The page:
Posted by: plbh88 | 09/08/2010


I’ve been really busy the last two weeks and wanted to quickly mention in detail a few of the things that I have been doing:

1. Two weeks ago, I was graciously offered a special visit of the Grandes Écuries of Chantilly with Sophie Bienaimé, director of the Musée vivant du cheval housed in the structure completed in 1735. She made a point of showing me the surviving features of the stable’s chenils, which continued to be used until the early-twentieth century.  I was able to see and photograph a nineteenth-century bakery/kitchen used to prepare the dogs’ food (bread mixed with game and other meat), similar to the kinds shown on architectural plans of the Grand Chenil of Versailles, as well as fountains for the dogs.  Entries from the Encyclopédie of 1751 and other period treatises mention that dogs should never sleep directly on the ground, but on raised wooden boards or platforms covered in straw.  The kennels at Chantilly conserve two such boards which illustrate this practice perfectly. There was even a surviving lodge for a valet (built right on top of an enclosure for female dogs in heat) in one of the kennels which goes to the show the proximity of these servants to their canine charges.

I was also able to see the 1670s Grand Chenil at Fontainebleau; it’s since been turned into an artillery school, so I was only able to see it from the outside.  At Marly, the kennels from the following decade have been absorbed into the town’s City Hall, so they were a little harder to appreciate.  Chantilly was a truly unique opportunity!

2. I had the pleasure of meeting and speaking with Mathieu Da Vinha at the Centre de Recherche of the châ­teau of Versailles. This research center located on the grounds of the Petit Trianon is a  research facility and library whose goals include making the châ­teau’s history and collections accessible to researchers, professors and students alike. M. Da Vinha is the author of several works on the history of Versailles and is an expert on the valets de chambre of Louis XIV (his methodology will be useful in examining the roles and importance of the valets de chiens and others who lived and worked in the Grand Chenil).  He was very enthusiastic about my work, introducing me to the several useful texts and documents and pointing me in the direction of others at the Centre and in other libraries.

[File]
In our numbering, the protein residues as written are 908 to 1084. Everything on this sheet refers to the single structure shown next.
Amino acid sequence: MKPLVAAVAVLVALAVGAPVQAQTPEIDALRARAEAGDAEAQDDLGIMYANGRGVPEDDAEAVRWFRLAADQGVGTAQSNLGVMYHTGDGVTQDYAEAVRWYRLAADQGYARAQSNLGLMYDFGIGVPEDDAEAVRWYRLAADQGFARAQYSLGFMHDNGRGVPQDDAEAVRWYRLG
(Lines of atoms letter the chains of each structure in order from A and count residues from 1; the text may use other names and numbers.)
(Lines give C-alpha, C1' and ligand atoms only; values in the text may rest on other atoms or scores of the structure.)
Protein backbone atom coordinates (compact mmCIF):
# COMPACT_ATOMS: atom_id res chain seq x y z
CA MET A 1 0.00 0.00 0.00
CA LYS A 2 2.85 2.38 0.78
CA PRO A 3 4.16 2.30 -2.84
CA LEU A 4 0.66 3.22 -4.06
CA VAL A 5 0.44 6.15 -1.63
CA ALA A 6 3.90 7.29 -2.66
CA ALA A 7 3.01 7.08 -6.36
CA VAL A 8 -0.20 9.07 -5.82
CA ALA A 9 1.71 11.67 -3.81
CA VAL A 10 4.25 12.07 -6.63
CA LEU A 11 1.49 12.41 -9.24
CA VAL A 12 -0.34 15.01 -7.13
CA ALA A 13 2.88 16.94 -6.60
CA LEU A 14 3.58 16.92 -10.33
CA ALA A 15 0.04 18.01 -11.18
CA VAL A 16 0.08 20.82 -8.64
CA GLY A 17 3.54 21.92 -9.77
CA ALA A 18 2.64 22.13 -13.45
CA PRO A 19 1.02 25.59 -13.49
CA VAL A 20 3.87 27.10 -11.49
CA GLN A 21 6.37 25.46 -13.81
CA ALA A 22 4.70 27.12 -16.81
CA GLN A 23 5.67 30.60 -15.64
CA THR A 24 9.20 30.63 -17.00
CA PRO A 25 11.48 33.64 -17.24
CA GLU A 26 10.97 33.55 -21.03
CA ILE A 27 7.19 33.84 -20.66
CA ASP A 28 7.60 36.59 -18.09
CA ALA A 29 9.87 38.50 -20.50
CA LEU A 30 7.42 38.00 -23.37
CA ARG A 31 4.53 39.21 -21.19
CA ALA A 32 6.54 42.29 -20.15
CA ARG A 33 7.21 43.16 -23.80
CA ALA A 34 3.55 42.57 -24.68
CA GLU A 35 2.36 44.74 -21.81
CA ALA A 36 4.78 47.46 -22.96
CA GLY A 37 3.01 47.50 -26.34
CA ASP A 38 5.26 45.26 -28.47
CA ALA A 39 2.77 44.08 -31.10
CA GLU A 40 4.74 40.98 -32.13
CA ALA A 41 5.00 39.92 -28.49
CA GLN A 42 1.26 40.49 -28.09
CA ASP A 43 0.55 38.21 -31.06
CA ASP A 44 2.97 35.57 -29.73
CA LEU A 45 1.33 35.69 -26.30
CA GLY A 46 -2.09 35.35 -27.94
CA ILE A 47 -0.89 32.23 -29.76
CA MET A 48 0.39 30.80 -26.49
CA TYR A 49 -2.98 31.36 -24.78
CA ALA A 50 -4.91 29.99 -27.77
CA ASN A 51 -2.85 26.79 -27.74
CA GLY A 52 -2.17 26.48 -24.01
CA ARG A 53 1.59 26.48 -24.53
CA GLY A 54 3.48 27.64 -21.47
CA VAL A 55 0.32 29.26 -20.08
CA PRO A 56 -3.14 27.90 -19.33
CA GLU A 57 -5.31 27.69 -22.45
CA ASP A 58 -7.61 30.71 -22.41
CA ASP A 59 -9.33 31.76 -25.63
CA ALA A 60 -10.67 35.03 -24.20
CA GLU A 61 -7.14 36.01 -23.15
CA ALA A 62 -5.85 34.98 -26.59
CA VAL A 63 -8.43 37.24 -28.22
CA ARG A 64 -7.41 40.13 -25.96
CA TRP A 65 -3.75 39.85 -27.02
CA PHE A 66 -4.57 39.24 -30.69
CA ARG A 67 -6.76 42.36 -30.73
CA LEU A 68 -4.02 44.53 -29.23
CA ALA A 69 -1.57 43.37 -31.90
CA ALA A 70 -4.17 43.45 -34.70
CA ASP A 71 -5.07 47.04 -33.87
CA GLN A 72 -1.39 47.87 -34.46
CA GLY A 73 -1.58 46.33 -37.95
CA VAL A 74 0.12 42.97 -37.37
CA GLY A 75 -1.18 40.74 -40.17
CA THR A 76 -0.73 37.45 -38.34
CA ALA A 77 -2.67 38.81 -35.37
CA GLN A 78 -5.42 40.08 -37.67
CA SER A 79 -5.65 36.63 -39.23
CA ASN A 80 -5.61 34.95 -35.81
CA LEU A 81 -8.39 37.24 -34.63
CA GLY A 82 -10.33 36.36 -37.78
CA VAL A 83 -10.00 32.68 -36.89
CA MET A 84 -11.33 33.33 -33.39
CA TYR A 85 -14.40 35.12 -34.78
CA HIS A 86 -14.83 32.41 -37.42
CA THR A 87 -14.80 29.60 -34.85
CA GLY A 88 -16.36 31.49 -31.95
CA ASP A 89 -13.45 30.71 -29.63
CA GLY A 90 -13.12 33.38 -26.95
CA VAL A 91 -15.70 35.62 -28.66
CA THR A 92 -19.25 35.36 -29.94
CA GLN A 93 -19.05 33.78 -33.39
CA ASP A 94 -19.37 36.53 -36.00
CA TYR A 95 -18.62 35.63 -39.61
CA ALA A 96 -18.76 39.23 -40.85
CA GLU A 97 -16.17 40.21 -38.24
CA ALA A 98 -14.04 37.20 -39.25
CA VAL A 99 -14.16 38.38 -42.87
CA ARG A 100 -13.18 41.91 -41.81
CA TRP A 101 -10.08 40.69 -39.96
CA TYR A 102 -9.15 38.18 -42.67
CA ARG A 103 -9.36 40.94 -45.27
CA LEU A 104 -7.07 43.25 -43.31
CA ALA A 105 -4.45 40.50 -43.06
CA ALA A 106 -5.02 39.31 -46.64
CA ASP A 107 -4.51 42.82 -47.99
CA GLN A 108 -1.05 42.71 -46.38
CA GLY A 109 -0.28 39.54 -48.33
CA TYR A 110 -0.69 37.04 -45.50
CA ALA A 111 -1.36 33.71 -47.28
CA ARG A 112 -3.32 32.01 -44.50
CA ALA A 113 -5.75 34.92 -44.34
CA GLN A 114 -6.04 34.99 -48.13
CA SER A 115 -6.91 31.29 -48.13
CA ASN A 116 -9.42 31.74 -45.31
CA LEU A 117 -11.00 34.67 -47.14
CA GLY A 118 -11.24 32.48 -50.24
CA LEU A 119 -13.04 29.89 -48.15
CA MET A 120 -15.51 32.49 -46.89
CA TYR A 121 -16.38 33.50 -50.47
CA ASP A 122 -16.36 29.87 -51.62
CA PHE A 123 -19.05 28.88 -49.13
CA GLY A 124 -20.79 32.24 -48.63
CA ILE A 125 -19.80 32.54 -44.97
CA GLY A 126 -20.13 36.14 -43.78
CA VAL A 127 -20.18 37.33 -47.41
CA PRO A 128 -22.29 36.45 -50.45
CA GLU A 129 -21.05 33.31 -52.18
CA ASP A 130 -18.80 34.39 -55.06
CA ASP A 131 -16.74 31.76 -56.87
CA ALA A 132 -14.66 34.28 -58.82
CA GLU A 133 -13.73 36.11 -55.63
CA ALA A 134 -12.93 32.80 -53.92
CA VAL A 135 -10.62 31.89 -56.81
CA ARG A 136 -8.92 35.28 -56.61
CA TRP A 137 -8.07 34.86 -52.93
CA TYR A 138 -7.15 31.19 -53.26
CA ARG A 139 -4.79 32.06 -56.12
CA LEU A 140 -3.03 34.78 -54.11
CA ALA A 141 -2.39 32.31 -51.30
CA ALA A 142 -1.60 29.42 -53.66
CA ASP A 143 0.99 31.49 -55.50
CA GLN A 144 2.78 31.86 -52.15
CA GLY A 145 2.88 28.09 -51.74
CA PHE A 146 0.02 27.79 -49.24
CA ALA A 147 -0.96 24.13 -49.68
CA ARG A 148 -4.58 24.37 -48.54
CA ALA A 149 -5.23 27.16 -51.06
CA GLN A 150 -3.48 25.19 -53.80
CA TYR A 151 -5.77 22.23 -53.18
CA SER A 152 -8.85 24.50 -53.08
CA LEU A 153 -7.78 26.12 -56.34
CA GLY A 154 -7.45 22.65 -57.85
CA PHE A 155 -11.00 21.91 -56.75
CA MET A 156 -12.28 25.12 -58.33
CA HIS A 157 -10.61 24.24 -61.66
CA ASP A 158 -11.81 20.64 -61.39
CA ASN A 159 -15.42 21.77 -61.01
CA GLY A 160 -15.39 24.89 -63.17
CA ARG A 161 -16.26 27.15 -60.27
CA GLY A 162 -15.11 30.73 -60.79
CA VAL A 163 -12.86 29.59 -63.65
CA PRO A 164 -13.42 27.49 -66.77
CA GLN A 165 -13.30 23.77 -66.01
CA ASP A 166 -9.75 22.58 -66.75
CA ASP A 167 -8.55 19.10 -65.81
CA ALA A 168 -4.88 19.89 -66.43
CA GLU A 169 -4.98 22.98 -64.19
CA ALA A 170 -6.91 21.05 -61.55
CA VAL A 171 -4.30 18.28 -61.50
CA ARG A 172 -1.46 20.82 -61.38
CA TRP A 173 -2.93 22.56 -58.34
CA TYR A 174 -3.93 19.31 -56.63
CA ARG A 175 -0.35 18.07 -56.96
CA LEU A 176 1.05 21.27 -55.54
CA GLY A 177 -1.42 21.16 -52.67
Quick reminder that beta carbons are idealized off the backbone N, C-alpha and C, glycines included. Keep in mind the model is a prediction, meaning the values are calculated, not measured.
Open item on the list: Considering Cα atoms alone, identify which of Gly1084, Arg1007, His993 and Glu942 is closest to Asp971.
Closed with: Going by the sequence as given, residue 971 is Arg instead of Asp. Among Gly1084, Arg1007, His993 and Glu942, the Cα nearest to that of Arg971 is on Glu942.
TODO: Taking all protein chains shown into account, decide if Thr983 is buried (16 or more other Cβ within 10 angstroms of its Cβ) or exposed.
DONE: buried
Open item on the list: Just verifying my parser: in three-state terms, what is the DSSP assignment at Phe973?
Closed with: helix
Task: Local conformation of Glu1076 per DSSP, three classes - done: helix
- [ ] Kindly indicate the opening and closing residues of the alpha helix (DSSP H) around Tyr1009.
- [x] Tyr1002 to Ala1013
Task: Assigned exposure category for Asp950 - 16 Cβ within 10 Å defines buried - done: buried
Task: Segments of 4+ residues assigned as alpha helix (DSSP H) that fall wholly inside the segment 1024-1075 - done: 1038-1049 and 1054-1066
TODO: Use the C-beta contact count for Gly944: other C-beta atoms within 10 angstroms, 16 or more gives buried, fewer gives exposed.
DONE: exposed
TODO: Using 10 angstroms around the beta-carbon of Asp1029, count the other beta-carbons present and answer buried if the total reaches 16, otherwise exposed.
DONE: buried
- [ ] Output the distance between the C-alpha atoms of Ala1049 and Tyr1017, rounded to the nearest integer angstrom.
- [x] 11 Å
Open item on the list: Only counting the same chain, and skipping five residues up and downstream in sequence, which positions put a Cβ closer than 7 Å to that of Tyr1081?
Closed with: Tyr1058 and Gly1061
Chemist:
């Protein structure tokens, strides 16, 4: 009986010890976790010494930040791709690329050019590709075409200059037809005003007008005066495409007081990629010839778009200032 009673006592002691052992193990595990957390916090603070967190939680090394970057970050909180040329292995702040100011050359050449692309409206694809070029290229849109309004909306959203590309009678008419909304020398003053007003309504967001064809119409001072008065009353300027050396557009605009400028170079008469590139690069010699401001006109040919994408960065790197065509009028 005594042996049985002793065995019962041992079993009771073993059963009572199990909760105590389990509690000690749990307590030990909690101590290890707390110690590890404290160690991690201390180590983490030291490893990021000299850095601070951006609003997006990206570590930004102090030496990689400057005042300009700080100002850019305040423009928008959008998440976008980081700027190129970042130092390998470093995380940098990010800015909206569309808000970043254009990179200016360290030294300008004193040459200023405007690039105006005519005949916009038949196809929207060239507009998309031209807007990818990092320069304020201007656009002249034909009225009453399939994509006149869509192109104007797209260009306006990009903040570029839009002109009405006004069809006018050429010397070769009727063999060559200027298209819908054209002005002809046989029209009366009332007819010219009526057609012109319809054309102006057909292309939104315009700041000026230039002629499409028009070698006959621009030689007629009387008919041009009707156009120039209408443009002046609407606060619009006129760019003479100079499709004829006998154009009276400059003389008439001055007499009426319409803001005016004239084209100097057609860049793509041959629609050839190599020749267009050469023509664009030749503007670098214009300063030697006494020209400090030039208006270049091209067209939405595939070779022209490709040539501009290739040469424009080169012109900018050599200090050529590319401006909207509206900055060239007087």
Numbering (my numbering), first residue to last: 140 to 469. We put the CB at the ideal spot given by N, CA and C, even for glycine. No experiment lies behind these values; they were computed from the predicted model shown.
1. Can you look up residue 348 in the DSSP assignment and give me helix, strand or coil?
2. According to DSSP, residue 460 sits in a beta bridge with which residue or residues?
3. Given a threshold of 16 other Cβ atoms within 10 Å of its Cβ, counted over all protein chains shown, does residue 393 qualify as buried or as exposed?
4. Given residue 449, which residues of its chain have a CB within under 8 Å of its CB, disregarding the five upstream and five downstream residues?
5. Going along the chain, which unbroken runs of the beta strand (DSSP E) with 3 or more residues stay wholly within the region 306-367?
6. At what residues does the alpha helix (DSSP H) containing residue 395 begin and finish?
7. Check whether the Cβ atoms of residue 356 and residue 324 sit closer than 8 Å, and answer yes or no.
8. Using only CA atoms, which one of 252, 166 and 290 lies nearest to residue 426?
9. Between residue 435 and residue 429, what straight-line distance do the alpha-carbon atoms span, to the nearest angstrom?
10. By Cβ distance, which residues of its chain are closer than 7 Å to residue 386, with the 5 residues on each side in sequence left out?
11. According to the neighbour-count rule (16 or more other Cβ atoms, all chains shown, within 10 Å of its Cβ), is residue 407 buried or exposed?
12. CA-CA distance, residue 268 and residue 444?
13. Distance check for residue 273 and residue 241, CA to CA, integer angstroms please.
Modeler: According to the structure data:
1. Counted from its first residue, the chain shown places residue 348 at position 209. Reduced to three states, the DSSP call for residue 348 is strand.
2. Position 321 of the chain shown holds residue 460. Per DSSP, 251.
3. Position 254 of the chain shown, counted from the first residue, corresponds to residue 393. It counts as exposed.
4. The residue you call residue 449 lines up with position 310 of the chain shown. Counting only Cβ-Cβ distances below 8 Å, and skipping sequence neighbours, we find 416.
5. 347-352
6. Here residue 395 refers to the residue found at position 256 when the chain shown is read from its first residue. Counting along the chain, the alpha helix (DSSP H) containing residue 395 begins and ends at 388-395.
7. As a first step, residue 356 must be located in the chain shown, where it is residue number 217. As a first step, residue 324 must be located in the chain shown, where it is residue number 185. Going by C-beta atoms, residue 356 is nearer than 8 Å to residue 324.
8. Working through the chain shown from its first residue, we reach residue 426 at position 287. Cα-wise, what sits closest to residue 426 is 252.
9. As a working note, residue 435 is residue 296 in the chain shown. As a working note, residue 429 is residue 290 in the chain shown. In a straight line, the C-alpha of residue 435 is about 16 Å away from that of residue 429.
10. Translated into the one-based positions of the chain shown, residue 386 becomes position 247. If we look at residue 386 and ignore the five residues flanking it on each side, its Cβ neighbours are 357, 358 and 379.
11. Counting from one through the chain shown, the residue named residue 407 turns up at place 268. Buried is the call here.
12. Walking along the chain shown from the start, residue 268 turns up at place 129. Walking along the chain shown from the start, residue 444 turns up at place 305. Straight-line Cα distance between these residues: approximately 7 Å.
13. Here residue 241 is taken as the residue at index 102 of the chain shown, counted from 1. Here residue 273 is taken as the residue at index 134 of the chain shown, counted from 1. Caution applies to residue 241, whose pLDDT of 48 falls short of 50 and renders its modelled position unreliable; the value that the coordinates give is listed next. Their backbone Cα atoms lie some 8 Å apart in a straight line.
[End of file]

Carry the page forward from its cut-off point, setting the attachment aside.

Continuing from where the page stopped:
3. I have been in contact with Géraldine Chopin, a conservation assistant at the Musée-Promenade at Marly, who very graciously discussed my project with me and sent me useful documents from their research center.  This will be very helpful in analysing the dog portraits of Desportes and Oudry displayed at Marly until the Revolution and now at the Louvre and the Musée de la Chasse et de la Nature in Paris.

4. For more on Desportes and Oudry, I visited the Musée international de la chasse (Gien) and the Musée de la Vénerie (Senlis) to visit their outstanding collection of works by these artists.  Both museums showcase outstanding collections of art and other objects inspired by the hunt in addition to trophies, musical instruments, etc. The diversity of their collections shows the extent to which the activity has influenced artists and popular culture since prehistory.